Page 58 - Jewish Book Annual Volume 50

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50
JEWISH BOOK ANNUAL
of the Jews. It is the history of the Jews that seizes me ultimately,
and with the obligation of
kavanah.
History is my master and
I its servant.”27 Yet, she also writes that history implies a tran ­
scendent judgement. History, she argues, “is not simply what
has happened, it is a judgement on what has happened. History
is to the continuum of events what the Sabbath is to the pro­
gression of days.”28 This ambiguity does not make Ozick less
of a religious writer. Quite the contrary, seeking meaning in
history is a normative component of the covenant.
Ozick’s covenantal Judaism is embedded within a midrashic
framework. Midrash, which comes from the Hebrew root
drsh,
means “to search,” “to seek,” “to examine.” A profoundly im­
portant interpretive skill in rabbinic Judaism, the midrashic
method led to significant theological insights. Frequently con­
tradictory and veiled in nature, midrashim seek to reveal hidden
connections. Ozick relies on midrash as paradigmatic of liter­
ature displaying the “corona of moral purpose.” She observes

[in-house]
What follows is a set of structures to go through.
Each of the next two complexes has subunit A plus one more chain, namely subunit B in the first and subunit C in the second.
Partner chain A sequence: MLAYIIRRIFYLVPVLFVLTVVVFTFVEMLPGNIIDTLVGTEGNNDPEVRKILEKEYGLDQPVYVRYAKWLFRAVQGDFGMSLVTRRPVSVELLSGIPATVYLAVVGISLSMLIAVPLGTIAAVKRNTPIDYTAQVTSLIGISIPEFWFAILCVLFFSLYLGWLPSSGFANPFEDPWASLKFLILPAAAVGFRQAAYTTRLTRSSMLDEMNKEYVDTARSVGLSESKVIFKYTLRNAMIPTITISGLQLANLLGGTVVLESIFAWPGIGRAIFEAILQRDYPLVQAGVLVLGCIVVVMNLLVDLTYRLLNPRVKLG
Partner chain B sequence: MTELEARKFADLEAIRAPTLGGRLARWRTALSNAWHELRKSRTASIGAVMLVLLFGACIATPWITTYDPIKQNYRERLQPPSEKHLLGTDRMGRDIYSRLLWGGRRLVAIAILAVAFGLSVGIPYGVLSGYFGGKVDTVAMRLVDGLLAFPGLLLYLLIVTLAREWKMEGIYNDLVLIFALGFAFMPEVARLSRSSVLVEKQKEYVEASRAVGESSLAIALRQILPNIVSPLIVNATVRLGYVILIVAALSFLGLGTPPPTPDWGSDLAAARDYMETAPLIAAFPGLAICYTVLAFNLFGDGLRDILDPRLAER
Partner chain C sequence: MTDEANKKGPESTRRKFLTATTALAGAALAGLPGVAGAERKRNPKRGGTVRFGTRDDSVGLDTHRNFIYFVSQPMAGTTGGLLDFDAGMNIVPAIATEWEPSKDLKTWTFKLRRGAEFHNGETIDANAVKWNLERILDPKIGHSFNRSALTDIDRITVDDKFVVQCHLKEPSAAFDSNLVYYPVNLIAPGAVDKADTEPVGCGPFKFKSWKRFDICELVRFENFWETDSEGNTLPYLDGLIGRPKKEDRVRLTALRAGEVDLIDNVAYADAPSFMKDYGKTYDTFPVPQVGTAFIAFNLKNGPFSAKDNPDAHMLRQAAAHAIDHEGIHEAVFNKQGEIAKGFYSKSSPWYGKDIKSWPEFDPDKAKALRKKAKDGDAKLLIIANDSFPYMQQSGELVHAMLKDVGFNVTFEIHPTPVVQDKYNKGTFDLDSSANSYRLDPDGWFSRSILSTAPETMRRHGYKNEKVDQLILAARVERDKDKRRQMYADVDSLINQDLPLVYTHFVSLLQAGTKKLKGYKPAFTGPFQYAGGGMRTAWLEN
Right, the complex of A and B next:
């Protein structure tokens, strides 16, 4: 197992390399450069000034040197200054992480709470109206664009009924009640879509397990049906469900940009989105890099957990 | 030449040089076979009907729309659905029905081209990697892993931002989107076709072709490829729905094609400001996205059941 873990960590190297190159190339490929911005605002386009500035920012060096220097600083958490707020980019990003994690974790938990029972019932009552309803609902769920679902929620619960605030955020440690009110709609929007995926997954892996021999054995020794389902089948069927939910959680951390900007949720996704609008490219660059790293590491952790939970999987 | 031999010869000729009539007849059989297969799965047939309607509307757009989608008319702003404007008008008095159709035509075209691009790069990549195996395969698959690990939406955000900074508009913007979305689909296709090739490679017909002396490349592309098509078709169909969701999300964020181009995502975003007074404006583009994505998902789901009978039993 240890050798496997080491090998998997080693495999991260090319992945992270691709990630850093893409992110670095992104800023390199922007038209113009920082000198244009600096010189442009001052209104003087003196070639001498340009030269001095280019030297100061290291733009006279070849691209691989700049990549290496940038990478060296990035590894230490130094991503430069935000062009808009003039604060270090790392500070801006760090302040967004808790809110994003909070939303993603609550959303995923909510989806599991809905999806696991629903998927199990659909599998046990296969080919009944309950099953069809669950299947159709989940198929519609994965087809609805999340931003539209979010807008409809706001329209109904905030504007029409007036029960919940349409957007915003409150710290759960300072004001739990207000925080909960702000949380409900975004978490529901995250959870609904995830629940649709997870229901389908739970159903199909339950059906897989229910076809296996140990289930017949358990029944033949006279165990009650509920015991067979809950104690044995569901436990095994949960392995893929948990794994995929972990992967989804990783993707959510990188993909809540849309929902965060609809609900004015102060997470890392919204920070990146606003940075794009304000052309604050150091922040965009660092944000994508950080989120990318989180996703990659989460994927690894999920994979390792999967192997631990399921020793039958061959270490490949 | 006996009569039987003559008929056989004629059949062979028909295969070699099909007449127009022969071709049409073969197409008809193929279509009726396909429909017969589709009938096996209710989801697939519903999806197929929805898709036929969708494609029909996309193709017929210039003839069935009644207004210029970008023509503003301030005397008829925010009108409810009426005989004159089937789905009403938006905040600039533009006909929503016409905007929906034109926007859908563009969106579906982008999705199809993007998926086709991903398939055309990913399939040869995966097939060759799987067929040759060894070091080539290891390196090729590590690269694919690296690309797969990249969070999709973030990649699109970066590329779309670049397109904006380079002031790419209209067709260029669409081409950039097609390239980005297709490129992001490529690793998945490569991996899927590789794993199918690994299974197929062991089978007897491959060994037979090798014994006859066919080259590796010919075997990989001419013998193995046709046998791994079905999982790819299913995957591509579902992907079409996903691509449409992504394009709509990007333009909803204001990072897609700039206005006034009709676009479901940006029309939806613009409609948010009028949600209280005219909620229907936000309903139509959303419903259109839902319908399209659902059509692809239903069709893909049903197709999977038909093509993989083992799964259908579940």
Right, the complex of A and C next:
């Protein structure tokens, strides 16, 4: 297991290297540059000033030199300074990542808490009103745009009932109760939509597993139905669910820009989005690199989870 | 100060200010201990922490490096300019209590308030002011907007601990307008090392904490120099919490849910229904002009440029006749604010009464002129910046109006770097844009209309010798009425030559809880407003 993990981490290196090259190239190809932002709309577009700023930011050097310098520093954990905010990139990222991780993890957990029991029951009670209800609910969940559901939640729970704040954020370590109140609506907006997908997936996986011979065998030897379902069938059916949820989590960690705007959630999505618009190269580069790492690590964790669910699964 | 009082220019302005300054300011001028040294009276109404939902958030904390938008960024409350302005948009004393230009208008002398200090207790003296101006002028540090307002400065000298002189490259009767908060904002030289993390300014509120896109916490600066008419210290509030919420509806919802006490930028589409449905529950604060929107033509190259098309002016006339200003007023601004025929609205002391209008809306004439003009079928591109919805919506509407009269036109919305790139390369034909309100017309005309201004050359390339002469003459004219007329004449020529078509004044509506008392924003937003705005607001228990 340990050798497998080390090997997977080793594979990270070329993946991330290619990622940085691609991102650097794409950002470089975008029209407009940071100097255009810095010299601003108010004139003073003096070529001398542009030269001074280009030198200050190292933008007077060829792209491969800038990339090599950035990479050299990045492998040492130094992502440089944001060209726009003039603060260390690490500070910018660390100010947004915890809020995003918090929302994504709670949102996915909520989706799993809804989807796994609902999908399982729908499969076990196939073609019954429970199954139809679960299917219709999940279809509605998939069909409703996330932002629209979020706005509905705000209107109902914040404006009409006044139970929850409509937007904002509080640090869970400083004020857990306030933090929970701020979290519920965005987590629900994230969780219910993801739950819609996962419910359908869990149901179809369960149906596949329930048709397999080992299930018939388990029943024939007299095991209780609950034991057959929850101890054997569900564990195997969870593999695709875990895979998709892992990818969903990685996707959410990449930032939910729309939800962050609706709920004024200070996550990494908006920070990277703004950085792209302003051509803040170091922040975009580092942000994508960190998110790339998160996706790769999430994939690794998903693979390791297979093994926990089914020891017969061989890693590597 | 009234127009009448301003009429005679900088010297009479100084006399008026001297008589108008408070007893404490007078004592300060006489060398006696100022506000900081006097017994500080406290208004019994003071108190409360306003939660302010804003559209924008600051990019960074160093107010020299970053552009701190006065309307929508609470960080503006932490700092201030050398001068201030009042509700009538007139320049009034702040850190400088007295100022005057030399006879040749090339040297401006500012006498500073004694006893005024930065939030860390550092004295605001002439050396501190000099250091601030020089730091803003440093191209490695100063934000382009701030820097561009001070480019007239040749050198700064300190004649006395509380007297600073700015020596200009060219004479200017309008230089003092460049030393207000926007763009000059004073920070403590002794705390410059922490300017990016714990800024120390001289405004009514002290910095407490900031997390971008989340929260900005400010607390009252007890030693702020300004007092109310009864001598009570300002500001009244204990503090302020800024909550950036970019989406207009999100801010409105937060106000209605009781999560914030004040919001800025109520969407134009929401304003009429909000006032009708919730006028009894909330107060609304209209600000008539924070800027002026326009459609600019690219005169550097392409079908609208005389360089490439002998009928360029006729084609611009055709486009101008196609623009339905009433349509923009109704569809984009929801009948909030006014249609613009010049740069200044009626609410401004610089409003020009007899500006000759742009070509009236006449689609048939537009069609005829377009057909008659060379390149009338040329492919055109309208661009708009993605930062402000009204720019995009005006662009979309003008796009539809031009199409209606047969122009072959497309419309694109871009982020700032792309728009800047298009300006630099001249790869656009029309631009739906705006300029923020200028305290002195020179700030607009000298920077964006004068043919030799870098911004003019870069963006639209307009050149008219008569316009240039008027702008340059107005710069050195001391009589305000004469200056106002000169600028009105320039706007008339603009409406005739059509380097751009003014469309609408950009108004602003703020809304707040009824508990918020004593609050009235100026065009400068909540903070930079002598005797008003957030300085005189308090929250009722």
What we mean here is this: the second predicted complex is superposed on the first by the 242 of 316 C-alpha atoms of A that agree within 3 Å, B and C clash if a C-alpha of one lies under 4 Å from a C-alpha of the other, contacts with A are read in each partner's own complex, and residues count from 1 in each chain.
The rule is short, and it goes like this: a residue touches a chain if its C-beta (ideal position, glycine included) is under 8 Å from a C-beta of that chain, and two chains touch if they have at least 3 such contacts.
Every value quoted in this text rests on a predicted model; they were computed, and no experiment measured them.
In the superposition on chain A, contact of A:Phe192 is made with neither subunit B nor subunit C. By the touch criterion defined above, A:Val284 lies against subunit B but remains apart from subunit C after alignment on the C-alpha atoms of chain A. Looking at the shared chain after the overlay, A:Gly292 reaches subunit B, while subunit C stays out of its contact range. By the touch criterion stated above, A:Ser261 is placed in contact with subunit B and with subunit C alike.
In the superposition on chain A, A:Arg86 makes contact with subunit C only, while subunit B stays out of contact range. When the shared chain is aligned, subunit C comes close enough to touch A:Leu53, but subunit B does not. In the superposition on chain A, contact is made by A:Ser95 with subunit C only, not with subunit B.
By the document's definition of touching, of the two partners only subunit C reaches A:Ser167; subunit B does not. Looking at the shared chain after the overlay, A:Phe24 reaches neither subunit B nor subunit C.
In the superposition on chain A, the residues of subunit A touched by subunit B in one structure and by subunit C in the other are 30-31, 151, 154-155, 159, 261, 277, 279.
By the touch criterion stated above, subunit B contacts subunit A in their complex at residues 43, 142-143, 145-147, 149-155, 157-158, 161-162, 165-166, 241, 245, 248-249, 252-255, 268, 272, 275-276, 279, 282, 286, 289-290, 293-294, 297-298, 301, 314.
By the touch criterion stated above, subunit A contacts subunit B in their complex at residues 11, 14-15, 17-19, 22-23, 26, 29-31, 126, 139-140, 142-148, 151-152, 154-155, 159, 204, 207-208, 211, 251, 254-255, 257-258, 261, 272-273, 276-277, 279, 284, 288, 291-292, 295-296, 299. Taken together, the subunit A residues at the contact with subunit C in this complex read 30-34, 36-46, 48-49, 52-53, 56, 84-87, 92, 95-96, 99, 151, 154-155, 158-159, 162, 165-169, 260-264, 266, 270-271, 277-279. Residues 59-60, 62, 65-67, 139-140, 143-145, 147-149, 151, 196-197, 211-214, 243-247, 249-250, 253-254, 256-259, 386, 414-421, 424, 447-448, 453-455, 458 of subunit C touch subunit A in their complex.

of midrash that while there “is no visible principle or moral
imperative,” the “principle
is
the tale; it realizes the tale.”29 Con­
sequently, the absence of overt reference to the numinous can
be quite misleading. Rather, Ozick’s fictions underscore the in­
creased hiddenness of God and the subtleness of interpretation
necessary to speak of religion today. This is very far from either
denying or abandoning the existence of the divine.
EMBRACING COVENANTAL IDENTITY
Trust
is a work which Ozick describes as having begun for
the Christians and finished for the Jews.30 It is a stunningly
written novel portraying issues which will continue to focus the
author’s subsequent concerns: the nature of Jewish identity, the
antipathy between covenantal Judaism and nature, gentile in­
difference to Jewish history, the centrality of Holocaust survi­
vors, and the possibility of attaining
teshuva
thereby returning
to the covenantal path.
The story concerns the reconversion to Judaism of Enoch
27. Cynthia Ozick, “Four Generations o f the Rabbis,” Reconstructionist
XXXVIII, 1, (February, 1972), 23.
28. “Holiness and Its Discontents,” 10.
29.
Art
fc?
Ardor,
246.
30.
Ibid.,
158.